Teenager is going to save our planet

Teenager is going to save our planet

The 14 years old Colorado teenager, Xiuhtezcatl Roske-Martinez, rallies young generation around the world to protect the environment.

The 14 years old Colorado teenager, Xiuhtezcatl Roske-Martinez, rallies young generation around the world to protect the environment.

The biggest challenge we face is shifting human consciousness, not saving the planet, because the planet doesn’t need saving; we do

– Roske-Martinez says.

This ambitious young boy is already the director of Earth Guardians, the organisation of active and environmentally aware people, who understand that not all nature resources are renewable and sooner or later our descendants will face the much bigger amount of problems than we are facing now.

People from different countries, different tiny corners of the world connect and become involved in environmental activism. Together they launched a huge variety of projects, the main aim of which is to show humanity that even smallest act from their side will lead to a huge profit for the planet.

Xiuhtezcatl Roske-Martinez with his younger brother created a new way of dancing – an eco hip-hop – and besides of that they produced a few songs  like “What the Frack?” and “Speak for the Trees”. That way they’re trying to deliver the main purpose of their activity in a way that is fun and accessible for other young adults.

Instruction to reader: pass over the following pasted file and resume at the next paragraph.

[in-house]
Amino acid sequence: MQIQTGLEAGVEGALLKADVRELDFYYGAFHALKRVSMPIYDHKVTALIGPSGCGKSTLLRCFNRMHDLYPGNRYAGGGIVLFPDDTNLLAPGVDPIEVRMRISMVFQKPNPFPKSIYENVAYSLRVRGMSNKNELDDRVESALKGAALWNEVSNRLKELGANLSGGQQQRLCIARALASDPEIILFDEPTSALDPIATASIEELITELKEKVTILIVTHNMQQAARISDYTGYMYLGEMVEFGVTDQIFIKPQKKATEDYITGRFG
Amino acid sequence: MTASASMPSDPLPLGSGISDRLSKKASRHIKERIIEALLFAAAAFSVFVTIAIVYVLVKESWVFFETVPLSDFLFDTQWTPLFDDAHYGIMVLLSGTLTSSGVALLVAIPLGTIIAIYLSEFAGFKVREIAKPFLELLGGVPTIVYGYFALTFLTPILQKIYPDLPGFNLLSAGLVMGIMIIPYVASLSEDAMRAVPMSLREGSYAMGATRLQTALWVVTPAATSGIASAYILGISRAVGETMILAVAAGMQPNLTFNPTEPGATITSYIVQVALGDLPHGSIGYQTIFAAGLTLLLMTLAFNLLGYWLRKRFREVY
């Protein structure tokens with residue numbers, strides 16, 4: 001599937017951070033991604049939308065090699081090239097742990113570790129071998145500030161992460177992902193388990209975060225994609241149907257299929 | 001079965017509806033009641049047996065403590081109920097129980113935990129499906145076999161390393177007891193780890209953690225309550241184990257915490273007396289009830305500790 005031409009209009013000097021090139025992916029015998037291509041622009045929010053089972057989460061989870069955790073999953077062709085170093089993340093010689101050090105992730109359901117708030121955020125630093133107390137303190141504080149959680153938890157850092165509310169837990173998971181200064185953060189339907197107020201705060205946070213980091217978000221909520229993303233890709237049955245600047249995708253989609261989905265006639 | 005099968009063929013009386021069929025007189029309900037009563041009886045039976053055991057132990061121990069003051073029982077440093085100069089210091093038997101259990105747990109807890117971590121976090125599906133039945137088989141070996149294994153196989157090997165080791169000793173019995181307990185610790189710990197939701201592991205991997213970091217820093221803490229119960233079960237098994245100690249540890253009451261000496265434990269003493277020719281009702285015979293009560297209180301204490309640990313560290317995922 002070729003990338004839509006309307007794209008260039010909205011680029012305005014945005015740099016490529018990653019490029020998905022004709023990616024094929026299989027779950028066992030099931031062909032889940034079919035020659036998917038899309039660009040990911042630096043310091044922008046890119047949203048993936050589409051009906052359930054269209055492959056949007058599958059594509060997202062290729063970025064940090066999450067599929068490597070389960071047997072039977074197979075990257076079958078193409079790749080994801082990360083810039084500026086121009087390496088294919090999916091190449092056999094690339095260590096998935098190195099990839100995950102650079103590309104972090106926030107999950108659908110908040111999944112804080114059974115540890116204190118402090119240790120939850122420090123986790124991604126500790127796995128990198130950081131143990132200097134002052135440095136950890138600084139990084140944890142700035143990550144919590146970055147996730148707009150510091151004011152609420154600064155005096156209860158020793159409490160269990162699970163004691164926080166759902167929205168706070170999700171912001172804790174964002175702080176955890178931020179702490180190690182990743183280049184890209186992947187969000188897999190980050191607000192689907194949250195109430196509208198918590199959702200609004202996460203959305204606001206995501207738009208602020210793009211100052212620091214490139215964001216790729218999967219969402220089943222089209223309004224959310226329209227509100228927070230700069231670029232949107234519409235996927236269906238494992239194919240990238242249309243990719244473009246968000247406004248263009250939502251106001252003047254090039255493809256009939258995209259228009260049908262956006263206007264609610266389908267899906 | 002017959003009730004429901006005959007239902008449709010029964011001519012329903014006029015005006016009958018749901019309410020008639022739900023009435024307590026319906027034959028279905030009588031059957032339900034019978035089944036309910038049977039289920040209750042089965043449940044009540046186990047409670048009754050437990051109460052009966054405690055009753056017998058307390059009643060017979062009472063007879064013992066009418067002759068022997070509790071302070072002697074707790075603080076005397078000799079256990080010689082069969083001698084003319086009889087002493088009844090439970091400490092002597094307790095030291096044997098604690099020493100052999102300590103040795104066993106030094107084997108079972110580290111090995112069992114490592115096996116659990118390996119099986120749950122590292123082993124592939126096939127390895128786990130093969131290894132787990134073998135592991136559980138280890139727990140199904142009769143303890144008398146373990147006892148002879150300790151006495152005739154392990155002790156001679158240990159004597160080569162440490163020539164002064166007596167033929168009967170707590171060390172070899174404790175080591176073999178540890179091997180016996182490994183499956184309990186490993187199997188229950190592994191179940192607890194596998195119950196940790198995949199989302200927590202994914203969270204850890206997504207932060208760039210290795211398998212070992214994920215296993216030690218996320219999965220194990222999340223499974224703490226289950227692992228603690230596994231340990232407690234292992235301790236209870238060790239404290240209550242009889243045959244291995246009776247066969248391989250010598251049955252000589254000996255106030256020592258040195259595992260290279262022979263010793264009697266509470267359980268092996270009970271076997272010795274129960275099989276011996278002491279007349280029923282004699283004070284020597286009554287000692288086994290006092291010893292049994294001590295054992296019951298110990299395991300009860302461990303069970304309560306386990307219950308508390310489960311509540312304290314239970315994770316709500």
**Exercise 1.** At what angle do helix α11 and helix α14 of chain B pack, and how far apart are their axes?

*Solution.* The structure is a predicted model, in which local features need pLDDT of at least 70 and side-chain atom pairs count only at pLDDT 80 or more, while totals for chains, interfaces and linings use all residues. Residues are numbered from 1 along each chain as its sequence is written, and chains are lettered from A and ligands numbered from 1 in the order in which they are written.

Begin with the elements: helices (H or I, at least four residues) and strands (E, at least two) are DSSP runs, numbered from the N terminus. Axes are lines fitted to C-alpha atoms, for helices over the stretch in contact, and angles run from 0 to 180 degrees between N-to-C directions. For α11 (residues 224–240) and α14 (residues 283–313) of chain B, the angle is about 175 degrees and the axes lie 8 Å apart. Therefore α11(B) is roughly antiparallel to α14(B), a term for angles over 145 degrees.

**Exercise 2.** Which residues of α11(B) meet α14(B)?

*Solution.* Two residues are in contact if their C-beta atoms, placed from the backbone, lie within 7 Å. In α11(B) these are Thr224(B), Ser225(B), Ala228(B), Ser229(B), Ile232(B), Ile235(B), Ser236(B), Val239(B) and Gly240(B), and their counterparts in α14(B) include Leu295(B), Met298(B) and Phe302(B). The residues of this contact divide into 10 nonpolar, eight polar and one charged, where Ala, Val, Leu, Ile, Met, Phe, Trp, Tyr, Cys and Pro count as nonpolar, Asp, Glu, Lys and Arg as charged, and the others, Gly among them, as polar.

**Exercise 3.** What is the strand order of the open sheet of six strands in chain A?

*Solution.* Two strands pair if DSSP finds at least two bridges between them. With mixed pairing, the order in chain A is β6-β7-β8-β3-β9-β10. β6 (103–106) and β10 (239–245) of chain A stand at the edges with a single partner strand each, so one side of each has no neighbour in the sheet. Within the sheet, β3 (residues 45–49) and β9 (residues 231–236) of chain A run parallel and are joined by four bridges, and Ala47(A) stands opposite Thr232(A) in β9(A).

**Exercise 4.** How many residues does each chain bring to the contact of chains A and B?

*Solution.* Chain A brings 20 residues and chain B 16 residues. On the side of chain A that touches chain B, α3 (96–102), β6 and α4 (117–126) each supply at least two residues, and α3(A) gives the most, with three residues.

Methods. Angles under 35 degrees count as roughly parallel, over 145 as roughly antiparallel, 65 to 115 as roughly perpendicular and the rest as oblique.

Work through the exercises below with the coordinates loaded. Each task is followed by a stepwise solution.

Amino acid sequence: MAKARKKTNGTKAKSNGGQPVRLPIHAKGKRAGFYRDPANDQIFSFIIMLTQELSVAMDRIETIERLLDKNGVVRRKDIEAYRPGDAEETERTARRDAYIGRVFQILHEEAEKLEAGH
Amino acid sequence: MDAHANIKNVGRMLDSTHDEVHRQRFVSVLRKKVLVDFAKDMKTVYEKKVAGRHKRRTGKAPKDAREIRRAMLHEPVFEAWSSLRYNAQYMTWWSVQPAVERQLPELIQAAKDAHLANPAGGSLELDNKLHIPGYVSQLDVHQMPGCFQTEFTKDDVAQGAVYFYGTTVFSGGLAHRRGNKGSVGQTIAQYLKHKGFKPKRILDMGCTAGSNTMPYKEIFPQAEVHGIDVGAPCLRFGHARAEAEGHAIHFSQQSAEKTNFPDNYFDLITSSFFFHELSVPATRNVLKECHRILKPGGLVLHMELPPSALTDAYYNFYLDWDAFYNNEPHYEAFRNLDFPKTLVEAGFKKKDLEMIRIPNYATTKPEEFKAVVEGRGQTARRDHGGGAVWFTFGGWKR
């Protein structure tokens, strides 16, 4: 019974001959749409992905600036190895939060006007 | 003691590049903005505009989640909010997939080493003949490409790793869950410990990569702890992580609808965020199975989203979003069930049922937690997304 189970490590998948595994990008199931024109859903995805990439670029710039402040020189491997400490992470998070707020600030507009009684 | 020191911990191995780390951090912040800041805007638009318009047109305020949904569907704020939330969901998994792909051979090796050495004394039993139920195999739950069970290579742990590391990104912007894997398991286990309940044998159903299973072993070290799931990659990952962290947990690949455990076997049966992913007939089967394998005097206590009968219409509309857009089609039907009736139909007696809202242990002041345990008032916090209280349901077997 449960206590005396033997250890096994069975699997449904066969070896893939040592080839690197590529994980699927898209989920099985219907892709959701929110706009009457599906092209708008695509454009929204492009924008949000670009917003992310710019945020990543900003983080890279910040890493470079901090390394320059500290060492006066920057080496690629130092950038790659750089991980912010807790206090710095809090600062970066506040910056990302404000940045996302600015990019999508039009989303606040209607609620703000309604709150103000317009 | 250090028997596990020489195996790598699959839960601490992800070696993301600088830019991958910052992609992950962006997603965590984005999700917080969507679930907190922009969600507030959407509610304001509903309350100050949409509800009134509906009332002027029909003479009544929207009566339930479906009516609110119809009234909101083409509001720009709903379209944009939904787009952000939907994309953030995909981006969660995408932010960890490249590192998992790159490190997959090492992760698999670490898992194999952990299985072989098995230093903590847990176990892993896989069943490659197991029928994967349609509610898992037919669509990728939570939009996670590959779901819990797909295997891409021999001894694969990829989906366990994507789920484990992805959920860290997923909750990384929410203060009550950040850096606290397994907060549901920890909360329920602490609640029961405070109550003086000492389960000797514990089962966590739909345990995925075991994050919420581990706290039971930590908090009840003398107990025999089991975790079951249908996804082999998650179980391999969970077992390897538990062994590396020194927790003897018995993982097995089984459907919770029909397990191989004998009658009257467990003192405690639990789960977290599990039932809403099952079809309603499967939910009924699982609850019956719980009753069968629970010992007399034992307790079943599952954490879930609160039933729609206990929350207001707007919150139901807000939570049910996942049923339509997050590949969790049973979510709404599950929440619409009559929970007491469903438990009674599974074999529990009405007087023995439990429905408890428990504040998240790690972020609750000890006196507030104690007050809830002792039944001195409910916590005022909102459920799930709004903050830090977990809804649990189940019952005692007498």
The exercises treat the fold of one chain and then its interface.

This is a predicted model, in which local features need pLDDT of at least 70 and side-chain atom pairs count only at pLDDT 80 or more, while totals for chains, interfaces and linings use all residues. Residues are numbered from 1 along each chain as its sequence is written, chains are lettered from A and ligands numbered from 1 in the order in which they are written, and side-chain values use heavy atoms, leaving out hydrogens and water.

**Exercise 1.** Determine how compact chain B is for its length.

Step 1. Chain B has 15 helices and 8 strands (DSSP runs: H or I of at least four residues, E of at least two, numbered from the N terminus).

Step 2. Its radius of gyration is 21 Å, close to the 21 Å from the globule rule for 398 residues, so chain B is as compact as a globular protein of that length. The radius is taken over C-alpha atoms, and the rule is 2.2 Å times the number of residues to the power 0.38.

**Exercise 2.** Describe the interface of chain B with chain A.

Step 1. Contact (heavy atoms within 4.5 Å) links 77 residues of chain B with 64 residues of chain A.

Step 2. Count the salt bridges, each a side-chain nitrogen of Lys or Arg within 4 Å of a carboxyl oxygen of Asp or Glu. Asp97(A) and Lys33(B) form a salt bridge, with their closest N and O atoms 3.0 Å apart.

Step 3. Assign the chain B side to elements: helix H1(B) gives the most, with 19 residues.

At the moment, there are Earth Guardian teams in 25 different countries around the world. Their projects concern the each one’s own region, but the fundamental work is based on the problems of a planet as a whole.

On Sunday in Togo, West-Africa, a tree planting were organised and after that – a celebration in anticipation of Earth Day. Also, last summer in Australia a Youth Environmental Awareness Day was held. The New York group holds a weekly night youth meetings at a farmer’s market. Altogether, their work not only helps the environment, but unites the young residents of different countries, erases the borders between nations.

Despite his young age, Roske-Martinez had already spoken in front of world leaders at United Nations forums and earned the 2013 “Youth Change Maker of the Year” award from President Obama.

This year he will join the National Geographic Arctic expedition to study melting of the ice cap and changing the sea level as a result.

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